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emhahn

3 Most Important Elements of a Plate...

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The food, sitting there on the plate, is the food.

Any number of physical, emotional, chemical (etc.) conditions can and do affect the individual experience of ingesting the food.

Seven pages to say that?


Who said "There are no three star restaurants, only three star meals"?

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Robert,

Remember this IS eGullet.

Steve,

The point is by changing the environment ie the appearance, I can change your perception of flavor and taste. I don't have to manipulate the food at all.

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Liz - No you can't. You can change how I feel about it and how I percieve it, but you can't change the residual sugar and ripeness level found in a bottle of 1975 d'Yquem (which I got to drink last night.) That wine will always taste sweet, relative to the residual sugar level in other d'Yquems. Sure on a day you have a cold it's harder to taste. And yes after eating hot red Thai curry the sugar will taste harsh. And yes if you serve it at room temperature it will taste different...... But nothing you can do to me will change the wine in the slightest bit.

What you and everyone else keeps on saying is, in an example where your tastebuds are impaired (and that can be done visually as well) you will taste things differently.

I agree.

But what does that have to do with anything because an impairment is only a temporary situation? People with expertise learn how to overcome that impairment through practice.

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What the blindfold demonstrates is that the food doesn't change. When the blindfold is removed, if a person's perception of the food changes it doesn't matter whether it's due to a purely psychological concern or a physical/chemical one like more saliva, altered body temperature, hastened breathing, or an allergic reaction. Those are all things that are simply acting to obscure the taste of the food. The food, however, has always been the same.

(Again, apologies for jumpin in in media res, but who has time to read all this?)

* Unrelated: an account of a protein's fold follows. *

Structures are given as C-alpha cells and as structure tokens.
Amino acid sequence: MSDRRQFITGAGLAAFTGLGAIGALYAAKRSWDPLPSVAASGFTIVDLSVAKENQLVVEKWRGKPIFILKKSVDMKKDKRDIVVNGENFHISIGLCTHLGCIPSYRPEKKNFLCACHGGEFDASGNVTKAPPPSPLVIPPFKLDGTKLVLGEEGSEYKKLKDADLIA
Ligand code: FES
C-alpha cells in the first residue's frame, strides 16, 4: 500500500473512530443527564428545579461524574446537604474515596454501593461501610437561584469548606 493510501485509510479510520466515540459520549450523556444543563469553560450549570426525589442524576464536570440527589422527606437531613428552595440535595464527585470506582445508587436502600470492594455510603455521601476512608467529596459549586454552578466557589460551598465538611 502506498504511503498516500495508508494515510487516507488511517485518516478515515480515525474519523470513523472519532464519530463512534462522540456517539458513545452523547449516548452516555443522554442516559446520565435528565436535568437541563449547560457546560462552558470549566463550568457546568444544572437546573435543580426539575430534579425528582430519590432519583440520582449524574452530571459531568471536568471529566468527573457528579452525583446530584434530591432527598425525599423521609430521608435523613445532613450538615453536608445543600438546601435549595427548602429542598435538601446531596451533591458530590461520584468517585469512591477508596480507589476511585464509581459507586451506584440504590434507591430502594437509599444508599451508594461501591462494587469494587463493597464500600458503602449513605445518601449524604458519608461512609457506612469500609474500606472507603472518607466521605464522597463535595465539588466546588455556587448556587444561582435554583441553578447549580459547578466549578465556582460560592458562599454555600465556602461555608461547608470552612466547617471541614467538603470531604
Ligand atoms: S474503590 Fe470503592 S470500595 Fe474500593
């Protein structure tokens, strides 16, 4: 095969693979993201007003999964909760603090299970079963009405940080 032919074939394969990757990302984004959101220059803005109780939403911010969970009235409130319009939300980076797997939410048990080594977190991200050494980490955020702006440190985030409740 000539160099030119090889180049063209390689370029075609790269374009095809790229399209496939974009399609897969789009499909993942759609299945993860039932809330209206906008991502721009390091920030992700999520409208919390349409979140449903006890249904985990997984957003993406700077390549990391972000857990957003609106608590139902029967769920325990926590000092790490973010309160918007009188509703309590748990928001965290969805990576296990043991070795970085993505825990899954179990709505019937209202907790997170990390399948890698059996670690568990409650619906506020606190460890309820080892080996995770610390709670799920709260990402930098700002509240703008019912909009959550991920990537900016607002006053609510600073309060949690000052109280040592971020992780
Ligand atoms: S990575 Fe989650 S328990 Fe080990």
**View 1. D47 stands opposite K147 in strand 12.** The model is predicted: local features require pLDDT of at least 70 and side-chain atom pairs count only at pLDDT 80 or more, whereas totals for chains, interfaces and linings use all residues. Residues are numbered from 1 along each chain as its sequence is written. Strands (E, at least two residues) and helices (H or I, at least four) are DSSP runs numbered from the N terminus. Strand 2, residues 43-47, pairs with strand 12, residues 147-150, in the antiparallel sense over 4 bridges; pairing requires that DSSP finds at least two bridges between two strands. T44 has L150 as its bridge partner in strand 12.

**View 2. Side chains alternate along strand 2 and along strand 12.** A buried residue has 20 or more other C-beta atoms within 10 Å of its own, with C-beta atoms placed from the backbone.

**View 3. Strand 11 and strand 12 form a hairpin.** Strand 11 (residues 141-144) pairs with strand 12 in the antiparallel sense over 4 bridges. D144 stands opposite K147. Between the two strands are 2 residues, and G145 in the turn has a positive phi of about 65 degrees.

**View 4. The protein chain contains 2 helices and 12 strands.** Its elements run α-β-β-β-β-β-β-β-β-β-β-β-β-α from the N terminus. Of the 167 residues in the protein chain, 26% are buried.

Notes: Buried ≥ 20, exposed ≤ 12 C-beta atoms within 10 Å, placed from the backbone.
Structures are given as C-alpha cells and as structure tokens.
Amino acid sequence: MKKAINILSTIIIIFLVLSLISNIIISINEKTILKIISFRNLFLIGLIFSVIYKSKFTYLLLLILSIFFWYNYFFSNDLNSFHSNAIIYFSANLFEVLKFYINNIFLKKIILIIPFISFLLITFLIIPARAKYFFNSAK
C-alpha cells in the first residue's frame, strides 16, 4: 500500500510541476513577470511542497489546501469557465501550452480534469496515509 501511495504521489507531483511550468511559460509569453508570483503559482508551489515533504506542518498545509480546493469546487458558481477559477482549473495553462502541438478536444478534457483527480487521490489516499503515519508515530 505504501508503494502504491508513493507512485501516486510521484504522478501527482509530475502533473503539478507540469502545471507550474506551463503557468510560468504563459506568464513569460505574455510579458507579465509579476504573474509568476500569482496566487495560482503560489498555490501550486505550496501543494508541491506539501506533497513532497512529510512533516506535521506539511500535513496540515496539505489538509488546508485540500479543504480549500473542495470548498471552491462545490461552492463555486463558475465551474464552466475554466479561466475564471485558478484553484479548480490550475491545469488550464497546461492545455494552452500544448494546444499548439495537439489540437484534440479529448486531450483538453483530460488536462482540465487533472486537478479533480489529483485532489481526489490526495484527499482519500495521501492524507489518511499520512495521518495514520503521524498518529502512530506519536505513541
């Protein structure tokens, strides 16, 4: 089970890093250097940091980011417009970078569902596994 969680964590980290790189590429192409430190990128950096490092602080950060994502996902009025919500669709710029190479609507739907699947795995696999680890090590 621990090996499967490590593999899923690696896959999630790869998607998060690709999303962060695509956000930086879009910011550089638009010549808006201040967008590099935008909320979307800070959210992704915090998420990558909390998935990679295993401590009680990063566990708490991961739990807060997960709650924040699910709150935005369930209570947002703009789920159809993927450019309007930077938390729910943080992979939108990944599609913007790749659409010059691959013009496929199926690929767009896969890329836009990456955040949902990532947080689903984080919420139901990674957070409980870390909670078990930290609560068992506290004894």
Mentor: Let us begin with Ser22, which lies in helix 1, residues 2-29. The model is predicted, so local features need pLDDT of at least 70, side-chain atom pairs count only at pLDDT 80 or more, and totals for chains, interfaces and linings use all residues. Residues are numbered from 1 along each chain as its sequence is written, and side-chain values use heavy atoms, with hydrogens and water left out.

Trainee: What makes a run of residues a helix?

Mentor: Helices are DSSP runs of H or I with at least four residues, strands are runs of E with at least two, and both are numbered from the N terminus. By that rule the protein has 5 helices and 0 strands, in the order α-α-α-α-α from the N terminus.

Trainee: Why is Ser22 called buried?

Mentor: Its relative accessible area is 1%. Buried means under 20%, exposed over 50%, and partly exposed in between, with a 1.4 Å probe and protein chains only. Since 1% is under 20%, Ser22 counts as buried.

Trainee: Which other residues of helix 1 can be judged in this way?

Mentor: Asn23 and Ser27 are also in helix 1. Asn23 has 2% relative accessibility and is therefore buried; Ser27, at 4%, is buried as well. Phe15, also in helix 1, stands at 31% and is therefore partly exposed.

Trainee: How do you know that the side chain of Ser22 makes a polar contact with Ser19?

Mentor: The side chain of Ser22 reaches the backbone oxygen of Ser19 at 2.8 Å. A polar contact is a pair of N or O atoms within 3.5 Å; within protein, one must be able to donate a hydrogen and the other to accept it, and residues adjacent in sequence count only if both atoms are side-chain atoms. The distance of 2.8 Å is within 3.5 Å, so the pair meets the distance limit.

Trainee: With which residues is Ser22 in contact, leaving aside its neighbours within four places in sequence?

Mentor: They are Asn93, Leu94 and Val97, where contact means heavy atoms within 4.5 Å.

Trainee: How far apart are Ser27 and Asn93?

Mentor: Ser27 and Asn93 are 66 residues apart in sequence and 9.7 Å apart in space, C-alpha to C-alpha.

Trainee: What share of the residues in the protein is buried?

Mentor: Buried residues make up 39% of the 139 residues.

FG -- The blindfold argument is irrelevant to this discussion (or at least my small participation in it). I'm not (and I doubt anyone else is) suggesting that if we told people we were testing whether presentation affects the taste of food, and asked to sample to pieces of pie that they knew were identical but just plated differently, that they would perceive a difference in the taste of the pie. Nor is anyone suggesting that a blindfolded person would taste a difference between a nicely plated piece of pie and a messy piece. If that's the discussion, then I think we're not arguing the same thing.

The original point was that plating and presentation is very important because it affects taste to diners in the restaurant. That's not an argument that the plating affects the physical attributes of the food or the diners' palate. It's an observation that people will subjectively appreciate and judge the taste of an item based on factors other than the narrow confines of "taste", and that they are probably not conscious of the fact they are doing this. Perhaps it's akin to subliminal influences.

Remember, half the game is 90% mental.


Edited by Stone (log)

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But what does that have to do with anything because an impairment is only a temporary situation? People with expertise learn how to overcome that impairment through practice.

Oh dear God I wish I lived where you live. Utopia must be wonderful.

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The original point was that plating and presentation is very important because it affects taste to diners in the restaurant.

Stone - I don't think this is quite right. I think it needs to be modified to;

The original point was that plating and presentation is very important because it affects the perception of taste to diners in the restaurant. It doesn't affect the actual taste at all. The diner is the one being manipulated. Not the food.

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I'm sticking with what I said: Presentation can make good food taste better and bad food taste worse.

India Girl - This is a false statement. Presentation cannot make food taste better. What it can do is improve the dining experience, and that can influence how you react to the food. But it can't make it taste any better. It can just make you like it more.

Uuuh. uhhhh. Thanks Steve. For the clarification. I really had no idea what this thread was about. Just blabbering as usual. Don't mind me.

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... most of the research in how saliva stimulation retards taste mechanisms is done on senior citizens with deficiencies.

Thank you for giving me a mention, Indiagirl :wacko::laugh:

oh no. macro-san. oh dear.

if i had emoticons they would be:

embarassed

tentative smile :?

may i please please go back and rephrase that?